Neural Basis Models for Interpretability

Conference on Neural Information Processing Systems (NeurIPS)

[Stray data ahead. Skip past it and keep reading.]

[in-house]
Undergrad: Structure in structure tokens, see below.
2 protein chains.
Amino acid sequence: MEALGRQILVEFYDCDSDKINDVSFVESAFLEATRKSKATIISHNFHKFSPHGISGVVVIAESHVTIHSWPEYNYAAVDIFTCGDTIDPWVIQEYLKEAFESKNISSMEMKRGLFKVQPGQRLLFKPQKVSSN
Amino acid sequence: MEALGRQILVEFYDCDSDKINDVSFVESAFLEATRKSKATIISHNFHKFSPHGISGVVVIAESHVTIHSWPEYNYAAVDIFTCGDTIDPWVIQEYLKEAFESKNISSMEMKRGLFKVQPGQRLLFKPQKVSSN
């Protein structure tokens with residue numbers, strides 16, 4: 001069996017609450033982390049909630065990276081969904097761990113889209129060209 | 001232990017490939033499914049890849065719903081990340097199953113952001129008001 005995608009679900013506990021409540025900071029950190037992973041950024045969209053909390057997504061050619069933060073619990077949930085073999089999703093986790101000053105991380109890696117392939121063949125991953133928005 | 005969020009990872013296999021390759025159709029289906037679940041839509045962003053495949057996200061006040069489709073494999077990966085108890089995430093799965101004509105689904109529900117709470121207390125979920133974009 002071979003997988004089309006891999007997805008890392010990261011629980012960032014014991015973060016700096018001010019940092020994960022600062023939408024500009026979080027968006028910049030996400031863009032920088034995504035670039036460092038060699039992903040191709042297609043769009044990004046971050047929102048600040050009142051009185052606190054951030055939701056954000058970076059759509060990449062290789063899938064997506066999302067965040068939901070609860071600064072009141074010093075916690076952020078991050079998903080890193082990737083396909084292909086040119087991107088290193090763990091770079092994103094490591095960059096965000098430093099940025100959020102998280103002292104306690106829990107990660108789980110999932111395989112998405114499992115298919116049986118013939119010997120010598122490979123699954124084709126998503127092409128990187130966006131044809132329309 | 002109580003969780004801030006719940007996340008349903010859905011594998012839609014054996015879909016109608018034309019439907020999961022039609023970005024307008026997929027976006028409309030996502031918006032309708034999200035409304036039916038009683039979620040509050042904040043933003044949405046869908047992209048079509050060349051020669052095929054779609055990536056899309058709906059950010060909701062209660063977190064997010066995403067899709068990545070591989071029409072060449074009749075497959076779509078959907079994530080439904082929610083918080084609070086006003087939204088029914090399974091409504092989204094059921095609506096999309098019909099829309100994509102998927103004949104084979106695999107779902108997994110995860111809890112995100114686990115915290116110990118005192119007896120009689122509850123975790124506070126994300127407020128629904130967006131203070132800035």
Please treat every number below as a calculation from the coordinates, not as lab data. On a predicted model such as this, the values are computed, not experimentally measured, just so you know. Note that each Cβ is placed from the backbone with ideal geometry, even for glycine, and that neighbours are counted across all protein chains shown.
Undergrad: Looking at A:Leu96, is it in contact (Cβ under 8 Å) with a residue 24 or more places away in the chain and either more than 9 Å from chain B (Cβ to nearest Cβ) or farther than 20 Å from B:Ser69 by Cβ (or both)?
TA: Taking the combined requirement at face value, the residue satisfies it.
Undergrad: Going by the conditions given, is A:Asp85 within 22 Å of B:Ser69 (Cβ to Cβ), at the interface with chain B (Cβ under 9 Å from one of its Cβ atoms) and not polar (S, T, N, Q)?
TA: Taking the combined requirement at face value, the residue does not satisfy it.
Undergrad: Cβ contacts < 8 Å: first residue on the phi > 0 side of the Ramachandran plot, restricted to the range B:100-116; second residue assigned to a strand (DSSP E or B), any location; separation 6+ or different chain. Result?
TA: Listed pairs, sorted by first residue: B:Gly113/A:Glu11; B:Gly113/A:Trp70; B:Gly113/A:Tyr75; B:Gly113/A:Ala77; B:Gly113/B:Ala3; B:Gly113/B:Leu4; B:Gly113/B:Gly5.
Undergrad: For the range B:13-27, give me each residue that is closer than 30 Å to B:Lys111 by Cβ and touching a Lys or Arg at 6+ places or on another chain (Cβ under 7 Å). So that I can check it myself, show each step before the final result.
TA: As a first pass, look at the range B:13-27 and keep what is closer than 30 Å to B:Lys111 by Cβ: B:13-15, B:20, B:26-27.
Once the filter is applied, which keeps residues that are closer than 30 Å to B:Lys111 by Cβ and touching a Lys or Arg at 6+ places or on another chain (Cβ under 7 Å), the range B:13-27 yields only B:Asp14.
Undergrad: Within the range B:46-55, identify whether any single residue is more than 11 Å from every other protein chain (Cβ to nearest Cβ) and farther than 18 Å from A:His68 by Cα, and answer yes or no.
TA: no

Due to the widespread use of complex machine learning models in real-world applications, it is becoming critical to explain model predictions. However, these models are typically black-box deep neural networks, explained post-hoc via methods with known faithfulness limitations. Generalized Additive Models (GAMs) are an inherently interpretable class of models that address this limitation by learning a non-linear shape function for each feature separately, followed by a linear model on top. However, these models are typically difficult to train, require numerous parameters, and are difficult to scale. We propose an entirely new subfamily of GAMs that utilizes basis decomposition of shape functions. A small number of basis functions are shared among all features, and are learned jointly for a given task, thus making our model scale much better to large-scale data with high-dimensional features, especially when features are sparse. We propose an architecture denoted as the Neural Basis Model (NBM) which uses a single neural network to learn these bases. On a variety of tabular and image datasets, we demonstrate that for interpretable machine learning, NBMs are the state-of-the-art in accuracy, model size, and, throughput and can easily model all higher-order feature interactions. Source code is available at

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